(I think the glitch with multiple sendings of posts has been fixed. Holler — firstname.lastname@example.org — if you experience any problems.)
I bought a new car this past summer. I splurged to include the integrated navigation package because it seemed like a good thing to have, given all the solo travel I do. Well. “Josie” has taught me a few things!
Really, one needs to have a sense of humor when dealing with all this emerging technology. I had come to terms, basically, with my Garmin, learning enough about navigating my way around its various menus and options to accomplish what I needed and get where I wanted to go. I did not anticipate a significant learning curve with the built-in unit in my new Jetta. Wrong! Good old German engineering — turns out the logic of this new system is significantly different than Garmin’s logic. (If, indeed, one can call any of these things “logical.”)
Okay! Picture me about to depart on a thousand mile trip from North Carolina to Boston. First, find the right icon. Type in the state, the city. (I figured that would be enough for the moment. Just get me to the right zip code!) Turns out there is not an easy way to see what Josie has planned between points A and B. Hmmm. Drive on, leap of faith? Not this cookie – I immediately put the “old” Garmin on the dashboard, deciding to compare the instructions and directions as I went along. (There must be a joke in this somewhere: “How many GPS systems does it take to get one technology-challenged woman from Tryon to Boston . . .”)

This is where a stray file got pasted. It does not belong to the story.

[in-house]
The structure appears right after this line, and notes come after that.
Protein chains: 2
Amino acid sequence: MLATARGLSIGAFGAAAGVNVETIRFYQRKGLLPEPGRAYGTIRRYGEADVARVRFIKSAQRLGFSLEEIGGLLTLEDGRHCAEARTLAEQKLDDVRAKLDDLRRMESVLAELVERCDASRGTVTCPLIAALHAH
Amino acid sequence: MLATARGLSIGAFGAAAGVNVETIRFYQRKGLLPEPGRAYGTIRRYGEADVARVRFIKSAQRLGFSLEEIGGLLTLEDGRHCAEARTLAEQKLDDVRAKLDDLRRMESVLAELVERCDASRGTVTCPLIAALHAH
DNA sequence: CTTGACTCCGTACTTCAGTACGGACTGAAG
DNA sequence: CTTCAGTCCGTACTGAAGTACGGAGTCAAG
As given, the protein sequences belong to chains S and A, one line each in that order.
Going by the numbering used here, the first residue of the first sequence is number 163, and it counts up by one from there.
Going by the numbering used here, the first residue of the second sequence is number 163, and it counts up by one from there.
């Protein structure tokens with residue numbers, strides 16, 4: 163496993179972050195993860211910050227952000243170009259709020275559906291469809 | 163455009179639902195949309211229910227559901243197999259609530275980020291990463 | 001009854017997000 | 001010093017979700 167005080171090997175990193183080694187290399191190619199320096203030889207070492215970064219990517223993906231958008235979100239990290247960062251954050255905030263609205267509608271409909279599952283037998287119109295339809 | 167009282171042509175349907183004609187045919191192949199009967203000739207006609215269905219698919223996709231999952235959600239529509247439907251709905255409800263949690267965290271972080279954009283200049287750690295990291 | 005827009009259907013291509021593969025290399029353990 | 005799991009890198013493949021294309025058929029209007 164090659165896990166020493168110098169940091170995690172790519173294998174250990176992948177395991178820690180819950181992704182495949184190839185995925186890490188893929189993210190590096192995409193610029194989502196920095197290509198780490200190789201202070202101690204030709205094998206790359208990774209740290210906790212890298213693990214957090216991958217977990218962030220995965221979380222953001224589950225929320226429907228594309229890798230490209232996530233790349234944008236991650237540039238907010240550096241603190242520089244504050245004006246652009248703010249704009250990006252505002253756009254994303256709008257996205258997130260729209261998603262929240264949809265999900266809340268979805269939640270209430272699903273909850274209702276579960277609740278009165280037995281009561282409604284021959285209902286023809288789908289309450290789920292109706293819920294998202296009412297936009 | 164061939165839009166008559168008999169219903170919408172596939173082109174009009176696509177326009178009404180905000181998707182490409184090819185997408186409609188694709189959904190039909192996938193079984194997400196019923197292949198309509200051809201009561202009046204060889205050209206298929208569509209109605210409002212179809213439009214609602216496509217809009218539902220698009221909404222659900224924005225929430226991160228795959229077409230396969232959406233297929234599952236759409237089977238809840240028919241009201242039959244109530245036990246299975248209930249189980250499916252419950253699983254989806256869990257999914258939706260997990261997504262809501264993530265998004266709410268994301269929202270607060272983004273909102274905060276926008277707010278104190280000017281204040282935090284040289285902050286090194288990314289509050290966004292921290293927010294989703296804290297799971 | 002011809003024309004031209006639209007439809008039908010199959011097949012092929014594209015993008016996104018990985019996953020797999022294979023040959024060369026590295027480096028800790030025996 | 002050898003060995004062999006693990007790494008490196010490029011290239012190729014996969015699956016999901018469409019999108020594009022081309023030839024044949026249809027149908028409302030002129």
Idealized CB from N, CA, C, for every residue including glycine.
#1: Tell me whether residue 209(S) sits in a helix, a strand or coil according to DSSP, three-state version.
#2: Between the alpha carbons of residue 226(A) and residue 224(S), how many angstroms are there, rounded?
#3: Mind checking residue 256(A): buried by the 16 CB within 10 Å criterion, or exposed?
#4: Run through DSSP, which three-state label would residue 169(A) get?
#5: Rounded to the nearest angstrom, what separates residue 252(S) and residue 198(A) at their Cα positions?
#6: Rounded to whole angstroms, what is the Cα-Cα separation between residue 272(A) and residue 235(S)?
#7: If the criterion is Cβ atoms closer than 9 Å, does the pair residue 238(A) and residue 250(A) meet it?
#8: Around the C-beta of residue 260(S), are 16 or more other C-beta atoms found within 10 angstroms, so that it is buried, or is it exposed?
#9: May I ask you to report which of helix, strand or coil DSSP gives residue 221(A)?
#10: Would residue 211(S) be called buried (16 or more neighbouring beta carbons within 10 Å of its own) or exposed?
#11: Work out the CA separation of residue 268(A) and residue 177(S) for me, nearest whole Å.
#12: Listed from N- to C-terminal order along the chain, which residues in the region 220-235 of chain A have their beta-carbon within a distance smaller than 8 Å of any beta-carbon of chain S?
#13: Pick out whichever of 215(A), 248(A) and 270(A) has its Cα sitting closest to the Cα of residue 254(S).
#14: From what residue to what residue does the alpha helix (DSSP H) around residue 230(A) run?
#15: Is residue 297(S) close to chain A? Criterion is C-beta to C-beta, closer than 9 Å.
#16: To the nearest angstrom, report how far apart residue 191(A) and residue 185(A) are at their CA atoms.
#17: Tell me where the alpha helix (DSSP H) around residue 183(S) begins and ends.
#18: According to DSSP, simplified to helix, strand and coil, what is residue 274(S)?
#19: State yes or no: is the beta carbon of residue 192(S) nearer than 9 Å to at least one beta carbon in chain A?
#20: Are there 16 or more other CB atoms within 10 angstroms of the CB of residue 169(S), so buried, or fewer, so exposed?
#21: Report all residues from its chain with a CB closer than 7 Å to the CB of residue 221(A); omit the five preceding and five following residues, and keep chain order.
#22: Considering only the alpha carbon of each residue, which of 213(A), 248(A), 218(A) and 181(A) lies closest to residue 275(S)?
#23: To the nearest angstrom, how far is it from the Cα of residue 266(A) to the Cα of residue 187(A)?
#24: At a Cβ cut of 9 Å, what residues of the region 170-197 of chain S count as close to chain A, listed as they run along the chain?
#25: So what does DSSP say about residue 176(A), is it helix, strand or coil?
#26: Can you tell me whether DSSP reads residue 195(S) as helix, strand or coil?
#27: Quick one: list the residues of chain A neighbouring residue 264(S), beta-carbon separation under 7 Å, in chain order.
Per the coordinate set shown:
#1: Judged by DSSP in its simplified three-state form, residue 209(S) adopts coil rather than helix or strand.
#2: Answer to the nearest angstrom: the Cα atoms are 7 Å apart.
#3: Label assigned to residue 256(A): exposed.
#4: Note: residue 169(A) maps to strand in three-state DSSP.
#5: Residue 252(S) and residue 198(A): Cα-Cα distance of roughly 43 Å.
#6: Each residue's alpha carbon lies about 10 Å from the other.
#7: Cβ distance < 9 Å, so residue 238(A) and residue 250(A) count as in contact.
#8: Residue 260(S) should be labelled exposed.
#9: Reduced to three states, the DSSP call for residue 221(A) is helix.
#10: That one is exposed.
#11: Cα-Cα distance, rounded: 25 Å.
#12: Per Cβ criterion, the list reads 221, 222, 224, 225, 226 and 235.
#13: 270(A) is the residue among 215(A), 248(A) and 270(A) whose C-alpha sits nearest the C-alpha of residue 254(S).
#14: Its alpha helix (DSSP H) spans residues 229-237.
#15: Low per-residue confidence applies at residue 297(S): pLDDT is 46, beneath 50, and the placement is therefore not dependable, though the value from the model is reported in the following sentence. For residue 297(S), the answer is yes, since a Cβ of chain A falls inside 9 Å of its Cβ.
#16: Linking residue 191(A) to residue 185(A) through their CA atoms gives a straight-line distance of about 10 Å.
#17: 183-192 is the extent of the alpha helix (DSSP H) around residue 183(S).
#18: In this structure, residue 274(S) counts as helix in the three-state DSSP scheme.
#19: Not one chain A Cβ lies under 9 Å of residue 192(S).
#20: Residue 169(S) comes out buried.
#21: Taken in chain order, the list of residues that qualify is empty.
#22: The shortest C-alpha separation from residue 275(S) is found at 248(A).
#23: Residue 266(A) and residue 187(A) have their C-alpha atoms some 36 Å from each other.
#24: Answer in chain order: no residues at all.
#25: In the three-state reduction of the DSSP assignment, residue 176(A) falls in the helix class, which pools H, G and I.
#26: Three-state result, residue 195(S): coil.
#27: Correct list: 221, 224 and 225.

I did fairly well until I hit the greater New York metropolitan area, which is always the challenge for me — how to get north and east without tangling with too much city traffic. I crossed the Hudson River — all’s well — but then lost my intended route as Josie took me to I95, one of my least favorite roads in the whole USA. Alas, off I went into “unnecessary” parts of Connecticut, wasting time, miles, and gas, not to mention experiencing lots of traffic.
The lessons? First, GPS works best if you don’t get too far ahead of yourself. Just like life! It’s easy to lose your way if you’re planning a chunk of 1,000 miles. (Or, in your life, if you are planning too far ahead of what’s going on right now.) If you plan city to city, state to state, think in smaller chunks, (in your life, the present and emerging circumstances, not more) it’s easier to piece together a plan that doesn’t take you needlessly astray, and add a whole lot of stress in the process. It makes me smile to realize how many ordinary things keep delivering the same messages: Don’t get too far ahead of yourself. Just keep plugging, “city to city,” or thing to thing. There’s plenty of guidance along the way. The scenery and serendipities are great adventures to be seized, experienced, and enjoyed, even when things don’t go as planned. There is always something to be learned, and not infrequently, even unpleasant happenings include unexpected upsides.
Josie also reminds me that new “friends” require an investment of energy, a degree of faith and good will, and a willingness to be open to new ways of looking at things. Not bad for an inanimate onboard navigation system. Thanks, Josie!